One of the most neglected aspects in modern tennis is the ability to keep the ball low. Young players today are so focused on hitting bigger shots and are so fixated on topspin that their ability to keep a ball low is completely missing.
However the top players understand the value of keeping a ball low in certain situations and employ underspin a lot more than you think. Here’s when keeping the ball low is beneficial…
1. To Stop Your Opponent Attacking You
It’s the era of big groundstrokes! Dominant forehands are now the norm and any ball waist height today is an invitation for your opponent to go on the attack.
By throwing in a low ball when in trouble during the rally you are neutralizing your opponent’s offense. The low ball has taken the ball out of his/her strike zone and gets you back into the rally on level terms.
2. When You Volley
If you are at net and playing a volley you are generally in a strong position to win the point. The only real concern you have is being passed or lobbed by your opponent.
This can be avoided by keeping the ball low because a passing shot or lob is much more difficult off a low ball. Keeping the bounce low may only be a small change but will make all the difference to your opponent’s options.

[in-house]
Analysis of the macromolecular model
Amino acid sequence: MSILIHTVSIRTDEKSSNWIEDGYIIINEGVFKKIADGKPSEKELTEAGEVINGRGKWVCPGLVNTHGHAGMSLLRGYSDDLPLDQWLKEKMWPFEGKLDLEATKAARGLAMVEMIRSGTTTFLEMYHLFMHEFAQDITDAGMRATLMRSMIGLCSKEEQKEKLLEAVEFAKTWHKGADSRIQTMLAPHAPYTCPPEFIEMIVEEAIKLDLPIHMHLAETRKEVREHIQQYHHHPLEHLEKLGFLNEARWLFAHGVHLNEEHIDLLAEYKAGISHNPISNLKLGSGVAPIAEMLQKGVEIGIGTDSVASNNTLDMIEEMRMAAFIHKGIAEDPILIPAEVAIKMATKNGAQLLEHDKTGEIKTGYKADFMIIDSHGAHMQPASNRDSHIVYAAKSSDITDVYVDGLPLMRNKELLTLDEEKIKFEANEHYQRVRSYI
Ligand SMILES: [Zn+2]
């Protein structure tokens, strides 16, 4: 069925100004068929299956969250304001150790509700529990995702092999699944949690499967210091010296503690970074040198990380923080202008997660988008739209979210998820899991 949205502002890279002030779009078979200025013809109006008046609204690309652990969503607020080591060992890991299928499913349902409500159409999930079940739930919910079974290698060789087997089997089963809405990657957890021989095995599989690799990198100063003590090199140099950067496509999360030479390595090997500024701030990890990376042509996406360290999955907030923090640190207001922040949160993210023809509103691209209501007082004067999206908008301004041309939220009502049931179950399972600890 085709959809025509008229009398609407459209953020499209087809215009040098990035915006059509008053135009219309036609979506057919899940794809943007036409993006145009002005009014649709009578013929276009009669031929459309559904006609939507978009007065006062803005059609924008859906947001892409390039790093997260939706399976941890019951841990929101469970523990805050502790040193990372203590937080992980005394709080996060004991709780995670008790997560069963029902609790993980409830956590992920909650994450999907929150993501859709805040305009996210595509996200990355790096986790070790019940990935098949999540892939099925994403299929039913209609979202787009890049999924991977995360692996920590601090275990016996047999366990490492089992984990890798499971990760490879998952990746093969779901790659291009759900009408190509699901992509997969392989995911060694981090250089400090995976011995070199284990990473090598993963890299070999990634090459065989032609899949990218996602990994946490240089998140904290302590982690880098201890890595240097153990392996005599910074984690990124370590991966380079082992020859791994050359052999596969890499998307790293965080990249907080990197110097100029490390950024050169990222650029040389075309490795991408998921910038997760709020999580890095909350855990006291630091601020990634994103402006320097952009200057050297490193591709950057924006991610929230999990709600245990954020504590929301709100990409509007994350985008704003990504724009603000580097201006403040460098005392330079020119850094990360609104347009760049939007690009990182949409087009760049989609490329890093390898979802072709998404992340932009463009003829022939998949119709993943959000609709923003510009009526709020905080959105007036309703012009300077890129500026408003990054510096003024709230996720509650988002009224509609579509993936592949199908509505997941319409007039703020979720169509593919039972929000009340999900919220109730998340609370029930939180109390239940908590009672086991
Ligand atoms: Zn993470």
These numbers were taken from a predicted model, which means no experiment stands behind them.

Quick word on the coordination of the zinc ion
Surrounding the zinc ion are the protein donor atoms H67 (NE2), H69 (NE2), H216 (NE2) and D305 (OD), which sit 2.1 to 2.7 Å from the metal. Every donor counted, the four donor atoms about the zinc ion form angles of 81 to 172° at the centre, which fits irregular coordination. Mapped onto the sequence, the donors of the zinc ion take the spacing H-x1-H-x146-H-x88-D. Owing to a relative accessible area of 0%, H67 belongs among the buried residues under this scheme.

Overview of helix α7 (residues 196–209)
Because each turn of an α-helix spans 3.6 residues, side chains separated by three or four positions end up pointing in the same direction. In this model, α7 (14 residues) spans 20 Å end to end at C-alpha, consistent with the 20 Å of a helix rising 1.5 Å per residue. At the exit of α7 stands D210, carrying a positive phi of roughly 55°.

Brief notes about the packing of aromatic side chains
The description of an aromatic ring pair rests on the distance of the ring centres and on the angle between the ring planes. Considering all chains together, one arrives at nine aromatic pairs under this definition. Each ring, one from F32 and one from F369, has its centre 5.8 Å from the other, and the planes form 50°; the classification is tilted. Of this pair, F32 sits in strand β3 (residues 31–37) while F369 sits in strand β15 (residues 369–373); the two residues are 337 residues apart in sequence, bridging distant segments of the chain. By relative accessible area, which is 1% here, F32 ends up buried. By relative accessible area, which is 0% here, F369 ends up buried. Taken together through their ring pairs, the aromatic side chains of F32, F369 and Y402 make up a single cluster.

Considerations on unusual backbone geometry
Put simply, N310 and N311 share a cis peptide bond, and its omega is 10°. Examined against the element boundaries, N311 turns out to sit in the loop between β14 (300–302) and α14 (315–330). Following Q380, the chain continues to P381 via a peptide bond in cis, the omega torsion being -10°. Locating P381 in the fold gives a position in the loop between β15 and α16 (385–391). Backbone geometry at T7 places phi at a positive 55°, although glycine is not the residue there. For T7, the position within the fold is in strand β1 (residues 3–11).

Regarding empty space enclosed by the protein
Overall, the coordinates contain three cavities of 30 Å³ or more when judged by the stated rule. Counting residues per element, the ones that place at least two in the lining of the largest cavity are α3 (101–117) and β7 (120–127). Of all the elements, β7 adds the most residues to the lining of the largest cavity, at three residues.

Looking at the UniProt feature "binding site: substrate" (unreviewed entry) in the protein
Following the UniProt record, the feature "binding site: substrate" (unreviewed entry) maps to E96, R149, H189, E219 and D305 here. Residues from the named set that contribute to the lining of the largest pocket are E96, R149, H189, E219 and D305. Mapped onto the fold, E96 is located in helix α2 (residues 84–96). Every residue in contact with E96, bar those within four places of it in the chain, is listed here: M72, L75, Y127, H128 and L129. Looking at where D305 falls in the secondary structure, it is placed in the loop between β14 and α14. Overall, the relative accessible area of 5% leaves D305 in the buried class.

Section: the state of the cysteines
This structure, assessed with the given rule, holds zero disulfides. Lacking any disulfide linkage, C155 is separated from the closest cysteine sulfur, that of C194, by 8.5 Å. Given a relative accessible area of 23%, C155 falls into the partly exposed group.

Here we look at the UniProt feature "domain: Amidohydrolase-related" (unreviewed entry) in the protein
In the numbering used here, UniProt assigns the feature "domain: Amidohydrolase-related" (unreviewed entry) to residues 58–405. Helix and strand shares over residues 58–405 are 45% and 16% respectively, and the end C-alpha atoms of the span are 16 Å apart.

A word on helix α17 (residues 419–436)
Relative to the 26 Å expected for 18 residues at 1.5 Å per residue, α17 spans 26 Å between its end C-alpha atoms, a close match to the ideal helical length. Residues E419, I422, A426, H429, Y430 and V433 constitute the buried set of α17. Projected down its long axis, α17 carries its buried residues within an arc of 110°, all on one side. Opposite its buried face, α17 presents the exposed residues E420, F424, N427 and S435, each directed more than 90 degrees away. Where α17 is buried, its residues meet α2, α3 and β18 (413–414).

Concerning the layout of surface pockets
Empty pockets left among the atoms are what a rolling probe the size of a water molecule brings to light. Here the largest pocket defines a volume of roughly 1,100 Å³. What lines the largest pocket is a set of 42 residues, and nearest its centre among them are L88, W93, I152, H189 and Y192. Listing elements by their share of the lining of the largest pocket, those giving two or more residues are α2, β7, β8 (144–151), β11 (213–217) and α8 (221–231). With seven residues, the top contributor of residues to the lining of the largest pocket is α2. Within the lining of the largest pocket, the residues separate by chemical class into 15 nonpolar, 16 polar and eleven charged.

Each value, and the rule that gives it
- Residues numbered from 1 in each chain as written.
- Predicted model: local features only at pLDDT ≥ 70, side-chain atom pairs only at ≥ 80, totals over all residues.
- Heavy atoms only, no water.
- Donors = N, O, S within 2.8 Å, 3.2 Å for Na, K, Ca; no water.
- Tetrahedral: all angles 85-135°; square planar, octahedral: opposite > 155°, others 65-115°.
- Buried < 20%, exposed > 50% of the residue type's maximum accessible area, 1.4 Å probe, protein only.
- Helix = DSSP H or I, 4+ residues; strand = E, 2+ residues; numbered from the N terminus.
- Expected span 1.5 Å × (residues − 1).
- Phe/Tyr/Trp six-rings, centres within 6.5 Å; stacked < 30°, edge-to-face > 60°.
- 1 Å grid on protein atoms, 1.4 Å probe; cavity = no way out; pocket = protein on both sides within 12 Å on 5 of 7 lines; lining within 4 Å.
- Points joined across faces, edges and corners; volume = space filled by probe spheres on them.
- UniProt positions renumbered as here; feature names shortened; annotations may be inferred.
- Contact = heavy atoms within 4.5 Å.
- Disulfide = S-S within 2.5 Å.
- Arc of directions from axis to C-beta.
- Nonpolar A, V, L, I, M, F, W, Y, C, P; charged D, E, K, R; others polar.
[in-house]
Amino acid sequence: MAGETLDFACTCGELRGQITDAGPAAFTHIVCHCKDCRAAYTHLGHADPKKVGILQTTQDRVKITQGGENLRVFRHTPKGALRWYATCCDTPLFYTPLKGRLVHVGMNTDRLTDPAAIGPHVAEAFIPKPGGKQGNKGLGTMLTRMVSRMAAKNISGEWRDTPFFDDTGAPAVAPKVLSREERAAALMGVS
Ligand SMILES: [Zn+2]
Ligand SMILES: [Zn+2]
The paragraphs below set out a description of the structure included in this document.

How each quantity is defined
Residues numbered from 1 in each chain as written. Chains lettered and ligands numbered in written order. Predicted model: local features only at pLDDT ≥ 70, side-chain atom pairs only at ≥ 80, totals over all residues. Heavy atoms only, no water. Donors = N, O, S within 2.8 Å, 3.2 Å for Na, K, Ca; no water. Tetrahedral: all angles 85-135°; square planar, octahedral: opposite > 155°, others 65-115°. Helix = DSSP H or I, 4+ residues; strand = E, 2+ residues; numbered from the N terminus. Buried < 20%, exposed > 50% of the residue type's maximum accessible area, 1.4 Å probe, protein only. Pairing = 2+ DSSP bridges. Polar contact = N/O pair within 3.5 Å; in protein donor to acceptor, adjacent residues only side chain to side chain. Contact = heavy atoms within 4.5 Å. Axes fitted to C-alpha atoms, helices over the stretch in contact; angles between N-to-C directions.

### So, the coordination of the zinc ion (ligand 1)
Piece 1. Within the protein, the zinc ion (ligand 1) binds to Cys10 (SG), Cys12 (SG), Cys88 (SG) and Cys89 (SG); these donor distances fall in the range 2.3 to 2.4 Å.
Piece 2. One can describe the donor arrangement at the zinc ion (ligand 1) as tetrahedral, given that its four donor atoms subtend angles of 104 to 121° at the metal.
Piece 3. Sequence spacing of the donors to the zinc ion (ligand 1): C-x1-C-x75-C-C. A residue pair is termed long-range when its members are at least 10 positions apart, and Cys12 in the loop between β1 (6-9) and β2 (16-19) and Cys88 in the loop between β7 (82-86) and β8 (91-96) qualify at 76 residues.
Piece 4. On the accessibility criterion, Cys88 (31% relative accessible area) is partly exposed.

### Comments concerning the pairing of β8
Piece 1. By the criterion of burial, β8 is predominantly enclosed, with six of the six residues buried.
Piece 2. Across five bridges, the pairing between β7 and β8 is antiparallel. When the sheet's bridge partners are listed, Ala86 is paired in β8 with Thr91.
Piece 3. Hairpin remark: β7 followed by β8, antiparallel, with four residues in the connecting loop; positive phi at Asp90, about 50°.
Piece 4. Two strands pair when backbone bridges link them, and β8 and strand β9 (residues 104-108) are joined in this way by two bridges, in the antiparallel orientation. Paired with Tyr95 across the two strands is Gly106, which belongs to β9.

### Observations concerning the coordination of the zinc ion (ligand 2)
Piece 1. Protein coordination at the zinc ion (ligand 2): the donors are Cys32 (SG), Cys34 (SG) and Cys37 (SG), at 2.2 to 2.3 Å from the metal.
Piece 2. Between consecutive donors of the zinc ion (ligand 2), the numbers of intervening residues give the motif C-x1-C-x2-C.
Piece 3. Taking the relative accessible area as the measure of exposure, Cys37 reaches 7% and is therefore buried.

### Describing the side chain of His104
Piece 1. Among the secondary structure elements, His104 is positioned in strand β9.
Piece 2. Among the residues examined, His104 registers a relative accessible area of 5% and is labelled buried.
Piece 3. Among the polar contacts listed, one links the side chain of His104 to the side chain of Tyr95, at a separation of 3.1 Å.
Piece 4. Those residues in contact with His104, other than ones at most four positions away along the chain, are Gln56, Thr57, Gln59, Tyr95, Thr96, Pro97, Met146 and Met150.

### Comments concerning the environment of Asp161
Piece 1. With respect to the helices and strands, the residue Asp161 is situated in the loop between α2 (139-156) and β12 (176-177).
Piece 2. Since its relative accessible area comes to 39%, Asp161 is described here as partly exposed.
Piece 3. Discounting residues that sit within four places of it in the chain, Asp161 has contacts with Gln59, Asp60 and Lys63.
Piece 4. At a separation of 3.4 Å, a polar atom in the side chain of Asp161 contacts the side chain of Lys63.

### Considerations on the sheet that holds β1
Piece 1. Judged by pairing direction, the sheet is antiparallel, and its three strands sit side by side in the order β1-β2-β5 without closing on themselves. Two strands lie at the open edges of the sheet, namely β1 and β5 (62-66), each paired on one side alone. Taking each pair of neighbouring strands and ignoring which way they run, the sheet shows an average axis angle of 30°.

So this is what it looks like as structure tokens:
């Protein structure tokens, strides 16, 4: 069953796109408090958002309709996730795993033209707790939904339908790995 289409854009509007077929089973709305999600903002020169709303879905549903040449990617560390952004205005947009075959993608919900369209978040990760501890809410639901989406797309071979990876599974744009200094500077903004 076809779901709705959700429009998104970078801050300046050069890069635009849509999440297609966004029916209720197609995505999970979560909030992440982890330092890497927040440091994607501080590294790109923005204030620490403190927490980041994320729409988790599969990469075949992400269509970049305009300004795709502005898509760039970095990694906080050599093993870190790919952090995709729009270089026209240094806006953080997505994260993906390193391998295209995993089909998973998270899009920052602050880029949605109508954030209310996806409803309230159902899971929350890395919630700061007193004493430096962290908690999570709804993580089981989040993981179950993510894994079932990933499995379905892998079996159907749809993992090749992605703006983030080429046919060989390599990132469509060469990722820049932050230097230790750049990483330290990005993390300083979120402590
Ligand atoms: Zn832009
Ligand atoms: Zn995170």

3. When You Approach Net
Many up and coming players today have relatively poor net games. It’s not just the quality of their volleys that’s causing them problems, it’s often the quality of their approach shot where the problem starts.
Similar to the Volley, any ball you approach the net on that bounces too high will give your opponent the chance to counter-attack.
By learning to approach on underspin (usually the best way to keep the ball low) and to vary the depth of your approach, will make your volleys much easier and your net game in general much more effective.
4. Slow the Ball Down
Everyone is hitting the ball fast and although I teach my players to hit with speed, I also like to see them mix-in slow balls sometimes.
This is particularly effective in women’s tennis where some of the most successful players recently have had the ability to use an underspin backhand to create some variety of speeds during the rally. Ashley Barty (currently world number 1) has a very effective one-handed underspin backhand which allows her to defend, change speeds and create an effective net game based on keeping a ball low.
5. To Create Variety
It’s important as a player not to be too one-dimensional. Being predictable allows your opponent to be one step ahead in the mental battle taking place in each match. It’s tough to win when you are “playing mental catch-up” with your opponent throughout a match.
By adding underspin to create low balls you’re adding another layer to your game.
The best players in our game got to the top not because they hit the ball faster than everyone else. They got there because they have the shots to attack and defend the most effectively. Maybe it’s time to add low balls to your on-court “tool box”